You know how life doesn’t always turn out as planned? And sometimes things are just not what they seem to be? Well, I’ve had my fair share of those moments, but it doesn’t mean I’m prepared for them, some things just catch me way off guard.
For example, exhibitions. If you are familiar with the Korea Blog you’ll probably know I go to a lot of exhibitions/expos/festivals/fairs. I love everything that has to do with art, but I also love everything that has to do with living, the quotidian life; anything that evolves practical living in my book is okay, so when the news of the “Megashow” came around, and when I learned it wasn’t a K-pop concert but a living products and design fair, a “housewife’s paradise”, I immediately thought to check it out. (Granted, I’m not a housewife, but you still need household goods.) I was hoping that there would be something unique and “mega” to the show, differentiating it from various other expositions that take place throughout the year.
The show took place at KINTEX in Ilsan, north of Seoul this month. The venue holds many expositions and concerts all year long, among which my favorites are the food fairs. Since household goods usually include food related goodies, I was expecting many happy products for the kitchen to be heavily featured.
Remember my rambling introduction to this post up there? Pretty much sums it up. The exhibition was nothing like what I expected. It was like falling into Alice’s rabbit hole; I had no idea what was going on, even though everything looked so familiar.
Have you ever been to a traditional tented market in Korea’s countryside? One that pops up every 3, 5, 10 days? (Called 3-day market, 5-day market, 10-day market in Korean, respectively.) Where they sell everything including the kitchen sink? Banchan (side dishes), socks, sportswear, chairs, teas, accessories, toys, fish, electronics – I mean, everything, EVERYTHING? Well, that’s what the Megashow looked like, except that it was indoors at an exhibition hall. It got me thinking that maybe “mega” was an euphemism for “hella lotta stuff”. Merchandise – not necessarily all Korean – bombards you as soon as you walk in, without any organized sections at all. Stuff like this:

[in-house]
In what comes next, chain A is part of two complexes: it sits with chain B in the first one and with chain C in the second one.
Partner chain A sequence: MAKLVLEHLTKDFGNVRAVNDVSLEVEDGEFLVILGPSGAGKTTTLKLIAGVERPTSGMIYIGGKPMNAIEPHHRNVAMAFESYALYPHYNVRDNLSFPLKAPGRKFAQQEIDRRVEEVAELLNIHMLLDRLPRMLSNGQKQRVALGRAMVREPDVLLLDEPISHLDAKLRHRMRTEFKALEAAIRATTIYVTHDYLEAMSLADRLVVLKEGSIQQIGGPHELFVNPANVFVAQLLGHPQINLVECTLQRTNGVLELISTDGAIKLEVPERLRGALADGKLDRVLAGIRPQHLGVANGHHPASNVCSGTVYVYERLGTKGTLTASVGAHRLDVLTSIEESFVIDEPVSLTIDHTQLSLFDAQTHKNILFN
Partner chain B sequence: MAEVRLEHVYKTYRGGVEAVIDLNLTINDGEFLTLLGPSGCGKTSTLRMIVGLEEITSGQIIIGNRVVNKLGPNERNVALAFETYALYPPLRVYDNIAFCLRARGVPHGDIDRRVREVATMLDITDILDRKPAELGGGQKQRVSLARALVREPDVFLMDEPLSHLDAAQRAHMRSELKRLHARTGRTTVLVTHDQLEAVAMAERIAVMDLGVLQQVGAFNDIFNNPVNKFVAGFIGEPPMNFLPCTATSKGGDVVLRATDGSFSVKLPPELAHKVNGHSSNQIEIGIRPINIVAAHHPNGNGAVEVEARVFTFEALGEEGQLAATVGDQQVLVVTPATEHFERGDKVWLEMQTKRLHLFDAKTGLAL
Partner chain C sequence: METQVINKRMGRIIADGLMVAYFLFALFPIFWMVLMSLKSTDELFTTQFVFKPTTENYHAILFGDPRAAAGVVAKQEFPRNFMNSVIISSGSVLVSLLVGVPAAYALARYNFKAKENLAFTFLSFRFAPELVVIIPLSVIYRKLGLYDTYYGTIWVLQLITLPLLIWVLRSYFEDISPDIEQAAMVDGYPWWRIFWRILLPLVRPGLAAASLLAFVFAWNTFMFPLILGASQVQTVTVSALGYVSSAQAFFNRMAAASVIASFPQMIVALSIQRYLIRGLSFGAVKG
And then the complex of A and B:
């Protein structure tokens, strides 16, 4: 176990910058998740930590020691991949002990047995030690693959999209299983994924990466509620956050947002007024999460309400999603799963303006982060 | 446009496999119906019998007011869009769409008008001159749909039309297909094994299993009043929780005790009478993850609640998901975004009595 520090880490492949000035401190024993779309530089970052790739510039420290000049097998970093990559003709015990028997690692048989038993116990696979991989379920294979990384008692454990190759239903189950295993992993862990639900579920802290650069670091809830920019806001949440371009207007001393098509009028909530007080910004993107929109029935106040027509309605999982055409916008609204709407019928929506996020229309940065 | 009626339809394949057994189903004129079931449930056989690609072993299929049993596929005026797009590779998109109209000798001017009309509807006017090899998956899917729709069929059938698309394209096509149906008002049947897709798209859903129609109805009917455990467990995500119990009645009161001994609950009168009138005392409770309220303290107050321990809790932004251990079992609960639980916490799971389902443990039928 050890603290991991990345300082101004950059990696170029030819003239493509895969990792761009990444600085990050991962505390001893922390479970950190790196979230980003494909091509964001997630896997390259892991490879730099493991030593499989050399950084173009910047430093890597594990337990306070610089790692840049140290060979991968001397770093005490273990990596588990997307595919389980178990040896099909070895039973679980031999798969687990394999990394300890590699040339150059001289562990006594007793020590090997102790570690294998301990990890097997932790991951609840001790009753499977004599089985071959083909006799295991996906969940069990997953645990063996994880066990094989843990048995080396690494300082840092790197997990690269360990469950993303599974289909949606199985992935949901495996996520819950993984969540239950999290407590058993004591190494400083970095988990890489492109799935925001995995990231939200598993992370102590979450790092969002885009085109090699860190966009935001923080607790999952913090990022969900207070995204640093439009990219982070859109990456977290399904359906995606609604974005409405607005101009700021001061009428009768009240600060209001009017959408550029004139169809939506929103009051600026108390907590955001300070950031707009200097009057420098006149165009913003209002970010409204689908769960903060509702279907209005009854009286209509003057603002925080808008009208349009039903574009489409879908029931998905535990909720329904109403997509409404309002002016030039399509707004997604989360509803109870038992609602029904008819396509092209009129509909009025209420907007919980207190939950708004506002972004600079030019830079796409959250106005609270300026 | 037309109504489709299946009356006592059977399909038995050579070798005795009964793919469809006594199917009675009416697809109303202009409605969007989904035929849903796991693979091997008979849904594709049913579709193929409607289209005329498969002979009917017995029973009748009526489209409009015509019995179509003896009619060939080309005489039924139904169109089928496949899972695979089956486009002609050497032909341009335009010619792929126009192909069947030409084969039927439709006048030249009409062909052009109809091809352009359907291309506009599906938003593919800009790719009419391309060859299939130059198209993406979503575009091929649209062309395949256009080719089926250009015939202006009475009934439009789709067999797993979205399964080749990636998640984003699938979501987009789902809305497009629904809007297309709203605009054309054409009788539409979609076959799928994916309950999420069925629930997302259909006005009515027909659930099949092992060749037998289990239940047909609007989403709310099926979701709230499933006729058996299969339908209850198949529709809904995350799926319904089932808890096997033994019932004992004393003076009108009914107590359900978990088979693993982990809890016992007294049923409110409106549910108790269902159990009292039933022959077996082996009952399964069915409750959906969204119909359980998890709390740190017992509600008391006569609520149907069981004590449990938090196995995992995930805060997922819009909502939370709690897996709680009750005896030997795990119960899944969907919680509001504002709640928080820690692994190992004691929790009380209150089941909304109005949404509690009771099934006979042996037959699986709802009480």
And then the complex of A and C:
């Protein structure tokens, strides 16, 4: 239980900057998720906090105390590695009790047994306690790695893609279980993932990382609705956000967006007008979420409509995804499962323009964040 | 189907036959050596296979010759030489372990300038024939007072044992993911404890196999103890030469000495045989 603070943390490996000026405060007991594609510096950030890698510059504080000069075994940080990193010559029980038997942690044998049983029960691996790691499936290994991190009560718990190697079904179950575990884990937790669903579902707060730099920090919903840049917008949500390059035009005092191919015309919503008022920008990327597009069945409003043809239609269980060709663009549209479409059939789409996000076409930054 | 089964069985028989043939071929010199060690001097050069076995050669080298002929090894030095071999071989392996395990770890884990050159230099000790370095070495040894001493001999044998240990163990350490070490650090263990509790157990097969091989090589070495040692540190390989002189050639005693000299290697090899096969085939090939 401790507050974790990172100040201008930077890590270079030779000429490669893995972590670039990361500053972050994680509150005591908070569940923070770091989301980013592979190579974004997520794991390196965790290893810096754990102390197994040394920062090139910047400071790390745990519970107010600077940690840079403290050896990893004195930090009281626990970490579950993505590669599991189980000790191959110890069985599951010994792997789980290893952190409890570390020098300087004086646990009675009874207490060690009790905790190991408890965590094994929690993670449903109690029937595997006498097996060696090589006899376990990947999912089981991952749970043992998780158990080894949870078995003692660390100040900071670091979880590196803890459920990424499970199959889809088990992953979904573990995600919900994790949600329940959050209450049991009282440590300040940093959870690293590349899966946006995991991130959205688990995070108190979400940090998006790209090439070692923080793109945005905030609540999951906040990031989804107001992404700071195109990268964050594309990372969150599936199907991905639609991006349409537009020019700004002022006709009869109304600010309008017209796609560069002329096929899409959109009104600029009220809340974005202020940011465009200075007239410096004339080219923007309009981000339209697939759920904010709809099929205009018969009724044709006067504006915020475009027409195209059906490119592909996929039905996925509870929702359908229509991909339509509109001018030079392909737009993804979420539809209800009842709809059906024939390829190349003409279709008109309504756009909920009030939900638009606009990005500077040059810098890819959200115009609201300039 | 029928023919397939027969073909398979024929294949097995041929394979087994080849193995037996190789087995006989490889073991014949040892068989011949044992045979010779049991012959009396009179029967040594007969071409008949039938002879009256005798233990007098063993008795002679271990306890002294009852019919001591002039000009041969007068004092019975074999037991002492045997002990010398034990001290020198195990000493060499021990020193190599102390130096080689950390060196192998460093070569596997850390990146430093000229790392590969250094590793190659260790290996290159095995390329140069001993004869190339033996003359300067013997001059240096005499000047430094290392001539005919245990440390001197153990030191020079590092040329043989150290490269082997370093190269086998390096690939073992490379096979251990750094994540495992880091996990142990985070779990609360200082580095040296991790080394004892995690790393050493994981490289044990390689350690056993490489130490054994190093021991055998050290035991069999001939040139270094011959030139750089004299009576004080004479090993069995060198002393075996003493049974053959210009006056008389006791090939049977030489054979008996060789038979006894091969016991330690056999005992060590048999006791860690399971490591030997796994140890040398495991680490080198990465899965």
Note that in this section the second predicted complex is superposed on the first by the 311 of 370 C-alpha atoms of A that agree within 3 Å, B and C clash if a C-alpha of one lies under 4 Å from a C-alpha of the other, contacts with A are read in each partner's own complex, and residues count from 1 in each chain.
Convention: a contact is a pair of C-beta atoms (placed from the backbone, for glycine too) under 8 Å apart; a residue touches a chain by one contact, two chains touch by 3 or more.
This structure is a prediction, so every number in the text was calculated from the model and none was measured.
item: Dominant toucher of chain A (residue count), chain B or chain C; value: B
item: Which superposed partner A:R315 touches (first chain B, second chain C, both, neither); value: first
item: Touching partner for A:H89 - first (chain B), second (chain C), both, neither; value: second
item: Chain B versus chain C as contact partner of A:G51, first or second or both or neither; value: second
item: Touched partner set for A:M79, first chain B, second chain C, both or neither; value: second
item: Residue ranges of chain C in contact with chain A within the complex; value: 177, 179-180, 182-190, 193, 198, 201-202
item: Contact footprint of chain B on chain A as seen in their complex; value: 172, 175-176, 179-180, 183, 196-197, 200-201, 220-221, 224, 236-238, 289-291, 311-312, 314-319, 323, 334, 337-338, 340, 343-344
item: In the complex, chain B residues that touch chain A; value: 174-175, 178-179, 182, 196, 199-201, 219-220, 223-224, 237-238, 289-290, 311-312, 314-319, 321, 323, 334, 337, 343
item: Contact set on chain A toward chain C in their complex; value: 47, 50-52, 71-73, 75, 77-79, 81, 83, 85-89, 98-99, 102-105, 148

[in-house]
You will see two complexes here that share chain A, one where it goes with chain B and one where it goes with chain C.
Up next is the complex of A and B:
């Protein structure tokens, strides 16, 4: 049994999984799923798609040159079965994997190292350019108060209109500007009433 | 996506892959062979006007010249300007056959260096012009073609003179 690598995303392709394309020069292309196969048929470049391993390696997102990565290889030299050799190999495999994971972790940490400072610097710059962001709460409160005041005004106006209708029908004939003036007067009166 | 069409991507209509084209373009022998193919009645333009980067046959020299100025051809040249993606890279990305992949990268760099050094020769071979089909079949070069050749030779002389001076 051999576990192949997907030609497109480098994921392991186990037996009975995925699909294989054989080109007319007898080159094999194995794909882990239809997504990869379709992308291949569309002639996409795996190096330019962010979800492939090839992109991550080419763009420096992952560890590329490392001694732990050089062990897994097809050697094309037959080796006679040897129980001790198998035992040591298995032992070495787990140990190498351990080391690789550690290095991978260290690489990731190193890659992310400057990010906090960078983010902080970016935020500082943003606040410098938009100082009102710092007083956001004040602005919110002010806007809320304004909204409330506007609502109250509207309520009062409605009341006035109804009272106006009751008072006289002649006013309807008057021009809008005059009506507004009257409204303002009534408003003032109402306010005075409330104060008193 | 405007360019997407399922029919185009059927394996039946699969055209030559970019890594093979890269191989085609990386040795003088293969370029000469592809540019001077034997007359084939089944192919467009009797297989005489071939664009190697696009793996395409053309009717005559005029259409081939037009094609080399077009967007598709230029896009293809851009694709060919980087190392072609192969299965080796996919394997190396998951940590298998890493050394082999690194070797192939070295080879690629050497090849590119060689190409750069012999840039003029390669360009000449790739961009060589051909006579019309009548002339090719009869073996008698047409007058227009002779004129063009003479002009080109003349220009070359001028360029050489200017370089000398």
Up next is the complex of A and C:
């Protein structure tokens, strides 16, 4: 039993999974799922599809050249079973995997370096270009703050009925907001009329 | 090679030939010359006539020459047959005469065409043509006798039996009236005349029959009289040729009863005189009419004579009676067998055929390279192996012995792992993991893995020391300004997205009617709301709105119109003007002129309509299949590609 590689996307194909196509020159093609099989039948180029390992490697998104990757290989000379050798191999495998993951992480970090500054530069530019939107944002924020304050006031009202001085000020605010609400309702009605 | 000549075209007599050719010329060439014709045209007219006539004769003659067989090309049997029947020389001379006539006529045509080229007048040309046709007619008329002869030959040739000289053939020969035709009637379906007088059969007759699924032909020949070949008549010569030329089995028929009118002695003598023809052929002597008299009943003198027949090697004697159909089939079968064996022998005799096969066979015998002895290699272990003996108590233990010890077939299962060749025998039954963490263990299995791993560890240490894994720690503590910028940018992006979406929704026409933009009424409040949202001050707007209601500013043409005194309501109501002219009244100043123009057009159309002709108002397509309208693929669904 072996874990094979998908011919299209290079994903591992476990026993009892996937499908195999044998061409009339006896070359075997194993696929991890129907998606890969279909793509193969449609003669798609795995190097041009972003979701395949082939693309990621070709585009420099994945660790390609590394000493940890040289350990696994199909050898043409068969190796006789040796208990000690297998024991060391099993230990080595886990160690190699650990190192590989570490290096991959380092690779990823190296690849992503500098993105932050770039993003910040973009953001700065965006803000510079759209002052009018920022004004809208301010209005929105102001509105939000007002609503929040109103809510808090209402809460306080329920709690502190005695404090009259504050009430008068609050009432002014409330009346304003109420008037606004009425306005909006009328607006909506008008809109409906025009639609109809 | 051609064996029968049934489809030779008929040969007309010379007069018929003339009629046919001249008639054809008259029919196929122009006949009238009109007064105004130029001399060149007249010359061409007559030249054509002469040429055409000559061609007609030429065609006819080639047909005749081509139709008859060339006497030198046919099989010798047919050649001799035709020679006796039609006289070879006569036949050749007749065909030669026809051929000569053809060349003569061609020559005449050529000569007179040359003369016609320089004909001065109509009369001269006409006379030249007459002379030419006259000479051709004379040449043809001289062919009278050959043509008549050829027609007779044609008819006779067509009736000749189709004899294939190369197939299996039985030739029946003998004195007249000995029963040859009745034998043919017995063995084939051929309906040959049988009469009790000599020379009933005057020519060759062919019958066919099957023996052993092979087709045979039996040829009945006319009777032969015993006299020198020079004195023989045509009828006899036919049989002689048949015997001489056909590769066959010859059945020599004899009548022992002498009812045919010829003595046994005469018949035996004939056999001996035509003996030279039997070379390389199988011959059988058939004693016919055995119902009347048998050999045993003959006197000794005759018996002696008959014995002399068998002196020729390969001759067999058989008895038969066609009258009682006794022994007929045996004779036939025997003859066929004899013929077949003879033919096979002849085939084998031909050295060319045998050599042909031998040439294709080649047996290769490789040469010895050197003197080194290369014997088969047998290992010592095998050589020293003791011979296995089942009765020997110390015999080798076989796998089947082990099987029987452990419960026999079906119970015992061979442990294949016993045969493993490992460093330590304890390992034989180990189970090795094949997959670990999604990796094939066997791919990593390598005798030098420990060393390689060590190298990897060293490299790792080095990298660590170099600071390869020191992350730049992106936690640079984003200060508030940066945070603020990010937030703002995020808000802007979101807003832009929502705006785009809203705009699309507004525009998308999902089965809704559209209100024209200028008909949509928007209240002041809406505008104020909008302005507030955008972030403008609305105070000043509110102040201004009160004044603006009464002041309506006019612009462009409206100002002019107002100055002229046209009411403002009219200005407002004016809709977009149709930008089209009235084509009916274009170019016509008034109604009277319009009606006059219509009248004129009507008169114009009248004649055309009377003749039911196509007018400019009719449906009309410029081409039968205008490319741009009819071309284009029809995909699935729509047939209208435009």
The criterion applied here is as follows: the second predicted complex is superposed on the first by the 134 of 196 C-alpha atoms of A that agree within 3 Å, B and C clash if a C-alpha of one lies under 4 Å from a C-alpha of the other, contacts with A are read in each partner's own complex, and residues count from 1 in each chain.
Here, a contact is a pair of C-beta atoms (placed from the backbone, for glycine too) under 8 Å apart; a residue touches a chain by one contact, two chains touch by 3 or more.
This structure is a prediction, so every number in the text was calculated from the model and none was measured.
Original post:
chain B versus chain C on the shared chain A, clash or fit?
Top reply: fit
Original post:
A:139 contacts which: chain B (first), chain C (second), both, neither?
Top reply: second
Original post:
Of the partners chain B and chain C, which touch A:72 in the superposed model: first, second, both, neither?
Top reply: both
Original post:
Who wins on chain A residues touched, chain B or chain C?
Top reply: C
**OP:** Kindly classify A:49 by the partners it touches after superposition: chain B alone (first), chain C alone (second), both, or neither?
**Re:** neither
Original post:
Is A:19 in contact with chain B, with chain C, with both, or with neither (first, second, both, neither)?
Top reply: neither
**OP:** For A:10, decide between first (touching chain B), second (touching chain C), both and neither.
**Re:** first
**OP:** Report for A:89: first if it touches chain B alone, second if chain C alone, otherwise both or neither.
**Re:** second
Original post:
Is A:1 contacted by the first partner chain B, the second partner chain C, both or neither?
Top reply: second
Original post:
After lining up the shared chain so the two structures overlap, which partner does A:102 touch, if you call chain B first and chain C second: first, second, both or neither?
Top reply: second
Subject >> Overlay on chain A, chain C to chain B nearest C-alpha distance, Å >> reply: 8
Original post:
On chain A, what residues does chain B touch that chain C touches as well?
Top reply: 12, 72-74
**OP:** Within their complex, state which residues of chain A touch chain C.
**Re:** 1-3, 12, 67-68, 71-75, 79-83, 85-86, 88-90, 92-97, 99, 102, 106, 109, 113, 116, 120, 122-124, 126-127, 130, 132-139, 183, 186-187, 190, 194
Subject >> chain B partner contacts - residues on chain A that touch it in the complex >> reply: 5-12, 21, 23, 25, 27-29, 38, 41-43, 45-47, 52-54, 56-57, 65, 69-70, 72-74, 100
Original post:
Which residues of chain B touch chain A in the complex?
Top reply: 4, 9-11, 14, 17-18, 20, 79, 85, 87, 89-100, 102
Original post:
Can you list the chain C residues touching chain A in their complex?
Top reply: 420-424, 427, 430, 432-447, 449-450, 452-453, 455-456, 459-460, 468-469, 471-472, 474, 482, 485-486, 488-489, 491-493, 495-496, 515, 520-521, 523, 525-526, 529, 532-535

Several banchan stalls were present, and a whole lot of “healthy foods” promoting eternal health with their product – exactly like all those food stalls in those countryside markets. I found some quite intriguing.
And so the list goes on and on. To my Korean eye, not many of the things were notable enough to take photographs of. After being utterly baffled for a while, I found myself being quite entertained at the whole setup, because it was hilariously ridiculous and unexpected. To be honest, there wasn’t much “show” going on, and compared to other living goods expositions where I usually spend the entire day, it took me less than an hour to look over the whole expo (and an extra 30 minutes to take photos).
What is ironic, however, (and sort of funny) is: although I went around thinking it was a hodgepodge mess, I DID leave with a bunch of stuff. And I’m not a shopaholic either, who just has to get things because they are there. I wound up buying a 100% natural wood cutting board from Australia (because the brand isn’t in stores yet and it was selling for cheaper than online), snap ice-towels (those sports towels which immediately “freeze” when you wet and snap them, also because they were at half-price), and several jars of pickled myeongi leaves (명이, “mountain garlic”/victory onion) from Ulleung-do (because those are the best myeongi you can get and after tasting the excellent samples I got enough to give to foodie family members.) So, in the end, instead of it being a waste of my time, it turned out to be the opposite; a very practical shopping spree. Perhaps that is why they call it a housewife’s paradise – because you do leave with stuff you need. Perhaps that is also why they decided to hold this expo in its second year running, because the sales results from the first were agreeable.
The show is supposed to be a regular event. If you’re interested in household goods and homemaking, in the Ilsan area, able to get free tickets (either by invitation or pre-registration), it’s worth a look around, if only for the novelty factor. If you’re not in the area, however, I don’t think the trip would truly be worthwhile. I would suggest the Seoul Living Design Fair or other similar themed fairs with a longer history, which tend to be better organized.